Blair's Iraq Gamble Costing Him at Home and in Europe ; Local Elections in Britain Last Week Showed Weak Support for the Prime Minister's Party

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It was heralded as the biggest gamble of his career, a huge political risk, a make-or-break moment.

So with the Iraq war now over, has the gamble paid off for Prime Minister Tony Blair?

While Blair has earned admiration and respect in the US for supporting President Bush's campaign to oust Saddam Hussein, it has been a very different story at home and in Europe.

Though broad opinion polls have swung back in his favor ever since the first shots were fired in Iraq, Blair has alienated an important segment of his own Labour Party, offended Muslims, and upset key international partners such as France and Russia.

The British leader, who marked his sixth year in office last week, has a lot of bridgebuilding to do, analysts say.

The extent of his domestic discomfort was apparent from local elections last week in Britain. Incumbent governments often struggle in these mid-term polls, but Labour's result was anemic, the party garnering only 30 percent of votes cast, compared with 34 percent for the opposition Conservatives. Tory leader Iain Duncan Smith exulted in what he called Labour's worst showing since 1979.

Of particular note was the collapse of support across central England among large Muslim populations incensed by the war.

"Young people and the Muslim community feel that their voice was completely ignored by the government when they came out in their millions to protest the war on Iraq," said the left-wing Campaign Group in reaction to the elections. "Now they are returning the compliment and deserting Labour at the polls."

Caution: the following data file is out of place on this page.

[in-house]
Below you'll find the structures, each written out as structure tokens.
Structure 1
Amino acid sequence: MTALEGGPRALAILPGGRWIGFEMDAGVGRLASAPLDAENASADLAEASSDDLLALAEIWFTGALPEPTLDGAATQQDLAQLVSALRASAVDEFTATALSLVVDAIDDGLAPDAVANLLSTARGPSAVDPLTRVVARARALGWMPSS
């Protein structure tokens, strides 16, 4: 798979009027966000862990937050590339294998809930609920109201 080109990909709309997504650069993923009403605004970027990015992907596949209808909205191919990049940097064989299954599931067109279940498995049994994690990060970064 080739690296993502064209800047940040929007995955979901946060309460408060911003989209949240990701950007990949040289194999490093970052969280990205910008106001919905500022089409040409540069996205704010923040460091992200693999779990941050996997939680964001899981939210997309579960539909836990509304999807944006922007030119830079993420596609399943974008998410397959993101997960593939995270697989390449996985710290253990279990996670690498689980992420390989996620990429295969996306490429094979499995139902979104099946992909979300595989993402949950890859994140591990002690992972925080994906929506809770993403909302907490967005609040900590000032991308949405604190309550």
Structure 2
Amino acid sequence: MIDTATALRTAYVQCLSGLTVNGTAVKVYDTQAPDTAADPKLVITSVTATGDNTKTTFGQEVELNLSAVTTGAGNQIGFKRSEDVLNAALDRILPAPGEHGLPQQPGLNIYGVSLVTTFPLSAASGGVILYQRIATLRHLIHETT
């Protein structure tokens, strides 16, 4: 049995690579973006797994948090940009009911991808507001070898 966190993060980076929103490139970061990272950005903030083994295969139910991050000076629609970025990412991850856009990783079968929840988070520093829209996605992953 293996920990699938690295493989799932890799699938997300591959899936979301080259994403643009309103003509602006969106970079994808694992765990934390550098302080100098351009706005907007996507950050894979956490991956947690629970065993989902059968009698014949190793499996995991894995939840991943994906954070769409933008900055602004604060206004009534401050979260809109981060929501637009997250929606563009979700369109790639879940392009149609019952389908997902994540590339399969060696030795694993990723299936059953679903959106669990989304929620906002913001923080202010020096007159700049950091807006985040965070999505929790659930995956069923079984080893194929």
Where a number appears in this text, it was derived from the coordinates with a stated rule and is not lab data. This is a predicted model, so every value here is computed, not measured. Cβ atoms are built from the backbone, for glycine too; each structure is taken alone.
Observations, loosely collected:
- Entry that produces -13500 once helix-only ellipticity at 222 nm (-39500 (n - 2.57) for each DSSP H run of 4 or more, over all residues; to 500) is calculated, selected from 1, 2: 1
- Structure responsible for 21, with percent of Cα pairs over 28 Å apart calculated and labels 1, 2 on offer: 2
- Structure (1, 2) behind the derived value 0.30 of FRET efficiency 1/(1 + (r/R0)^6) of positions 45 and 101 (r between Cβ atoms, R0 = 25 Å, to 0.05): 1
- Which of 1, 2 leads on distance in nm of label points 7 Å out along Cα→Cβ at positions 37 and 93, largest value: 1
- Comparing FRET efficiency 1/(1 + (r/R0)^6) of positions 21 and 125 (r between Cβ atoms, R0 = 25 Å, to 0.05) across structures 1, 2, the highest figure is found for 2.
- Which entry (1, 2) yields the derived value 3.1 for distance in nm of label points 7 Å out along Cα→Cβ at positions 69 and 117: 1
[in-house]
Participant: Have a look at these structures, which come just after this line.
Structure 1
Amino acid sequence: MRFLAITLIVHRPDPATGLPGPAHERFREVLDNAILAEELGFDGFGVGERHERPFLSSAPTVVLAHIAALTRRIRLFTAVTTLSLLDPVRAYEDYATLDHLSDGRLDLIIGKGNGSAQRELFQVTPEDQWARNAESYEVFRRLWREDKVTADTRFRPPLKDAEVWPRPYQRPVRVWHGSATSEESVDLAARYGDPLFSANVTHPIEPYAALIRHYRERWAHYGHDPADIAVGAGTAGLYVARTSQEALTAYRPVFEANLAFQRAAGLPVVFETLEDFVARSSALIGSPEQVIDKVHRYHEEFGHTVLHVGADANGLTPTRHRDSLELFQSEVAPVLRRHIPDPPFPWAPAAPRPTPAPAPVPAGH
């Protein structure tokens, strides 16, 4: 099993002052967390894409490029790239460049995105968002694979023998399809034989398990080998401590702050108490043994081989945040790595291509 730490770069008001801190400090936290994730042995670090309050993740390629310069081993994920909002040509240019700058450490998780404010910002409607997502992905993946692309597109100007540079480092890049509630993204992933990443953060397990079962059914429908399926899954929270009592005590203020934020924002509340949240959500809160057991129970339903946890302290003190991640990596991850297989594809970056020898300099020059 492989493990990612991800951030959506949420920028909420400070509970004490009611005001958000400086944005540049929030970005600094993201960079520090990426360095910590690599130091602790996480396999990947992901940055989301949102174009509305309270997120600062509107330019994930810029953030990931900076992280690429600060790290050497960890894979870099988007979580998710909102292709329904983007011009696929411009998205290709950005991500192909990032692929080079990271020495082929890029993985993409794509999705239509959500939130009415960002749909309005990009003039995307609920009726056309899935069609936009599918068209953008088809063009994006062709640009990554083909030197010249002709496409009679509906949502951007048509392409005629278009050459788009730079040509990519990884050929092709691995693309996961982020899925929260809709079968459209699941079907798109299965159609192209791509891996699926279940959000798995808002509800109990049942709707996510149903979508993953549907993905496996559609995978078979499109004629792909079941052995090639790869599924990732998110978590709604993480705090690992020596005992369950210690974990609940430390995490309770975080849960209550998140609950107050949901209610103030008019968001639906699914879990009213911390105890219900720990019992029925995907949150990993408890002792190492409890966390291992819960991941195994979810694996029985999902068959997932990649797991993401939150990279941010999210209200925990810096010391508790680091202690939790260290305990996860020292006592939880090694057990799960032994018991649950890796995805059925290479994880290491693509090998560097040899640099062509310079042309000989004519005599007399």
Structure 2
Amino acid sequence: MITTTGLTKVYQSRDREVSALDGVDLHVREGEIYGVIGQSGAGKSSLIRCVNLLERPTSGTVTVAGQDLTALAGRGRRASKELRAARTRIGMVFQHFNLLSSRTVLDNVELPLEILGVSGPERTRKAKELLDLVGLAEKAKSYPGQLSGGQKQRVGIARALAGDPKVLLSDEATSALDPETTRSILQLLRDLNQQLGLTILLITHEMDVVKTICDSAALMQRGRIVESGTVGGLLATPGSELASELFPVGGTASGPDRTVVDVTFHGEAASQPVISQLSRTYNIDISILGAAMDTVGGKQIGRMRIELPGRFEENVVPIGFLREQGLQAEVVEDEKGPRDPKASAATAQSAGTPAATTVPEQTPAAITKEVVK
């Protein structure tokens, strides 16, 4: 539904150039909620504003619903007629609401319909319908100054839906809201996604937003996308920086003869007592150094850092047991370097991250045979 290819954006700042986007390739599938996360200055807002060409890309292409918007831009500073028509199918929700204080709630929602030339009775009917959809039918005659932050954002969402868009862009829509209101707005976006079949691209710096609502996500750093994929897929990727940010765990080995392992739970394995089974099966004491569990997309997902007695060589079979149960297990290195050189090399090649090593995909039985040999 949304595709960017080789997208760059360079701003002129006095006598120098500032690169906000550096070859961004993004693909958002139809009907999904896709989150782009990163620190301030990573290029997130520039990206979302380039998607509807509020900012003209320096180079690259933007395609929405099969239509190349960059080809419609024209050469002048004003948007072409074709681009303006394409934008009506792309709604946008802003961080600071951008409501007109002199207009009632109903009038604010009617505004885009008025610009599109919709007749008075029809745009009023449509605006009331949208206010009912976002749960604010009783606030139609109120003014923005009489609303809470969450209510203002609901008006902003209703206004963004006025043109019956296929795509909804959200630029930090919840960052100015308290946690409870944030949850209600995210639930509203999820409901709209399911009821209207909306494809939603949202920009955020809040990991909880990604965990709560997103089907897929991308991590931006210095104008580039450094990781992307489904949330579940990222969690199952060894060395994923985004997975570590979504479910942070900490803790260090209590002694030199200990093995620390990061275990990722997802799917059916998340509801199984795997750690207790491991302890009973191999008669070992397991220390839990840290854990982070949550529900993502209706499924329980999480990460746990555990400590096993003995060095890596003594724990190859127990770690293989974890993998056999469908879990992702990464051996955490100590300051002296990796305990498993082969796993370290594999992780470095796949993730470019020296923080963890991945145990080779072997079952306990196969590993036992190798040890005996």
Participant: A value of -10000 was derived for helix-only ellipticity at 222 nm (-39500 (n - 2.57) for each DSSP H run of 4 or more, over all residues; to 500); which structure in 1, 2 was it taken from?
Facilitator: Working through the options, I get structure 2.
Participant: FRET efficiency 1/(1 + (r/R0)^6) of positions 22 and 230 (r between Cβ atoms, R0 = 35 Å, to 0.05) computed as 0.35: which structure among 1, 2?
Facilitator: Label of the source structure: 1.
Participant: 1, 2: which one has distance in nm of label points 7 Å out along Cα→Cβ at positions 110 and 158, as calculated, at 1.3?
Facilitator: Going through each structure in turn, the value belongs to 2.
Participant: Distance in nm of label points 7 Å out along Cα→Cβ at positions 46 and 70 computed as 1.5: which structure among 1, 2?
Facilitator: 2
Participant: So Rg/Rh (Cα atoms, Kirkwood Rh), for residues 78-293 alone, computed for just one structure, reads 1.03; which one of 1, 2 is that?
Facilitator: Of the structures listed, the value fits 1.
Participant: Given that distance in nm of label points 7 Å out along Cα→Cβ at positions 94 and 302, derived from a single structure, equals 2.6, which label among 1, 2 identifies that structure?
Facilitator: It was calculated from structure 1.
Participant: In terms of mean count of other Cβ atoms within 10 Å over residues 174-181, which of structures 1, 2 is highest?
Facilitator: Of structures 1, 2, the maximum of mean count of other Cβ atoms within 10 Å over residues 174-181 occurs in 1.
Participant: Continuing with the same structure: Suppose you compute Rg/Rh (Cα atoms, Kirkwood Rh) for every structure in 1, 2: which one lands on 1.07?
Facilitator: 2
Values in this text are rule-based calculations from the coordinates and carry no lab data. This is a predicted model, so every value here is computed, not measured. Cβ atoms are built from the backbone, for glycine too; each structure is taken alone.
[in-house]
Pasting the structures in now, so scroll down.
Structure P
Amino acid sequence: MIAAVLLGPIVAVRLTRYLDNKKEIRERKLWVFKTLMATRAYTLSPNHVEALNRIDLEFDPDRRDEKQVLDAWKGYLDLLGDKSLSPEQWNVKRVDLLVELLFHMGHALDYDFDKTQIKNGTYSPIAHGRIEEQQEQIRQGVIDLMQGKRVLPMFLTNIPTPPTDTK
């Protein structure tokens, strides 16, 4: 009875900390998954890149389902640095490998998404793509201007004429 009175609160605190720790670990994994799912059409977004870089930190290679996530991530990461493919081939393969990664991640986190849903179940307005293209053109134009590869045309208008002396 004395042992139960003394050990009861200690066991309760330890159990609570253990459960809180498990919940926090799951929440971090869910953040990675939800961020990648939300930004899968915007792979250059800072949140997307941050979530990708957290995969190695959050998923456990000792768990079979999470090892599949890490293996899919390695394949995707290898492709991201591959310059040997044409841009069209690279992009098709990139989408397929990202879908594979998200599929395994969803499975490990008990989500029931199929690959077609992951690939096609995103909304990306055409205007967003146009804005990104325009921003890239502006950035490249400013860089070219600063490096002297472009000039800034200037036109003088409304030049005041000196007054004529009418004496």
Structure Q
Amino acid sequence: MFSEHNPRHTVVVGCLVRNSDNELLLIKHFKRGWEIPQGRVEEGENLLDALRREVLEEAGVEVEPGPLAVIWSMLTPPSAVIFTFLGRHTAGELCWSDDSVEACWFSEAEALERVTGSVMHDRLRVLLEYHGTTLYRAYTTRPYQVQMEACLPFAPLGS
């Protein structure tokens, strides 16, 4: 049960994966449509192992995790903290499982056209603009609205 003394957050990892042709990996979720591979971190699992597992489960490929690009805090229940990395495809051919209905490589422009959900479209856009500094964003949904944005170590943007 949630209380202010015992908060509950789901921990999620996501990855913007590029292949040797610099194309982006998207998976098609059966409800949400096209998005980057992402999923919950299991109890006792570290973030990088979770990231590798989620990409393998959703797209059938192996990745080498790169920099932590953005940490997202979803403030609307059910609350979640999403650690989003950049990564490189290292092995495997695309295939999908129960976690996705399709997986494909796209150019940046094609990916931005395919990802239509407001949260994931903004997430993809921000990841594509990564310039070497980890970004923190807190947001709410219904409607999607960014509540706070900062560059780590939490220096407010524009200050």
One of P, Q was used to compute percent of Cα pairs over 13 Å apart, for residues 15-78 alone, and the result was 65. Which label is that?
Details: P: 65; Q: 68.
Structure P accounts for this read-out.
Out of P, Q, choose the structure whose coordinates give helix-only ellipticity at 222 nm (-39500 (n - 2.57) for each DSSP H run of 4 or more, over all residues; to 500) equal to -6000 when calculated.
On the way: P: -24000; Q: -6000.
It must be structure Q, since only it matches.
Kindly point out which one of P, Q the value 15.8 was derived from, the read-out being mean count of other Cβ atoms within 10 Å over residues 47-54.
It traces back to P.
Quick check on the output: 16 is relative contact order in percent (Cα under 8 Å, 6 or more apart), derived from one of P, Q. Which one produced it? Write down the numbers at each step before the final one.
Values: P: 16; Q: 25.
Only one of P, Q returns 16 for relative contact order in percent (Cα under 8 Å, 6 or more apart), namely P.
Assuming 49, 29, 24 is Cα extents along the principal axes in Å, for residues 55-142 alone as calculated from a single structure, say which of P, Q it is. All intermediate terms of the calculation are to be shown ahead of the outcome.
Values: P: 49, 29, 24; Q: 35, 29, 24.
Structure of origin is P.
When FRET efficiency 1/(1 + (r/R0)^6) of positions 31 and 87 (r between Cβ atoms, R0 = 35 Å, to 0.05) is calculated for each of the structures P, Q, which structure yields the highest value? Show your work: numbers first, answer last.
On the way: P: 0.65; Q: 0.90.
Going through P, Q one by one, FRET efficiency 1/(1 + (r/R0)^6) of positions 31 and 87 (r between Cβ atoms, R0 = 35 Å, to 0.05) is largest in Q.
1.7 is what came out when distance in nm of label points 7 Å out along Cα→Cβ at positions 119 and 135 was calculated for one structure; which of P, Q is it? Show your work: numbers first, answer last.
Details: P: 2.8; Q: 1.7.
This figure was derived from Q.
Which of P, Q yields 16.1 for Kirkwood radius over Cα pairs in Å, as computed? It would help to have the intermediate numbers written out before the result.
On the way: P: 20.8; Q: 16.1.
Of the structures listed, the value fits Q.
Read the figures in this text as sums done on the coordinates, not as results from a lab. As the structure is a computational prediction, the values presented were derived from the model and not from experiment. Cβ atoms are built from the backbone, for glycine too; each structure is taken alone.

Of equal note was the message from British voters that it's the quality of life in Birmingham and Bristol - not Baghdad and Basra - that matters most to them. Blair tried to stress recently that he was putting "100 percent" effort into improving shabby public services - but voters were unimpressed. "The backlash was against a faltering economy and the Labour government's failure to improve public services," says Anthony King, professor of government at Essex University. "The prime minister has been much less focused on domestic business recently."

The other problem stemming from the Iraq war is that most Britons do not believe it has reduced the likelihood of a terrorist attack. A poll last week showed that 6 out of 10 people fear that Britain has made itself a bigger target for fundamentalist strikes.

The war "hasn't helped in keeping the coalition against terror together and keeping the Muslim countries on board," says Prof. Paul Wilkinson, an expert in terrorism and international relations at the University of St. Andrews. "Al Qaeda can use the invasion of Iraq as a propaganda weapon, so in the longer run it [the war] does create a danger of more terrorism," he adds. …

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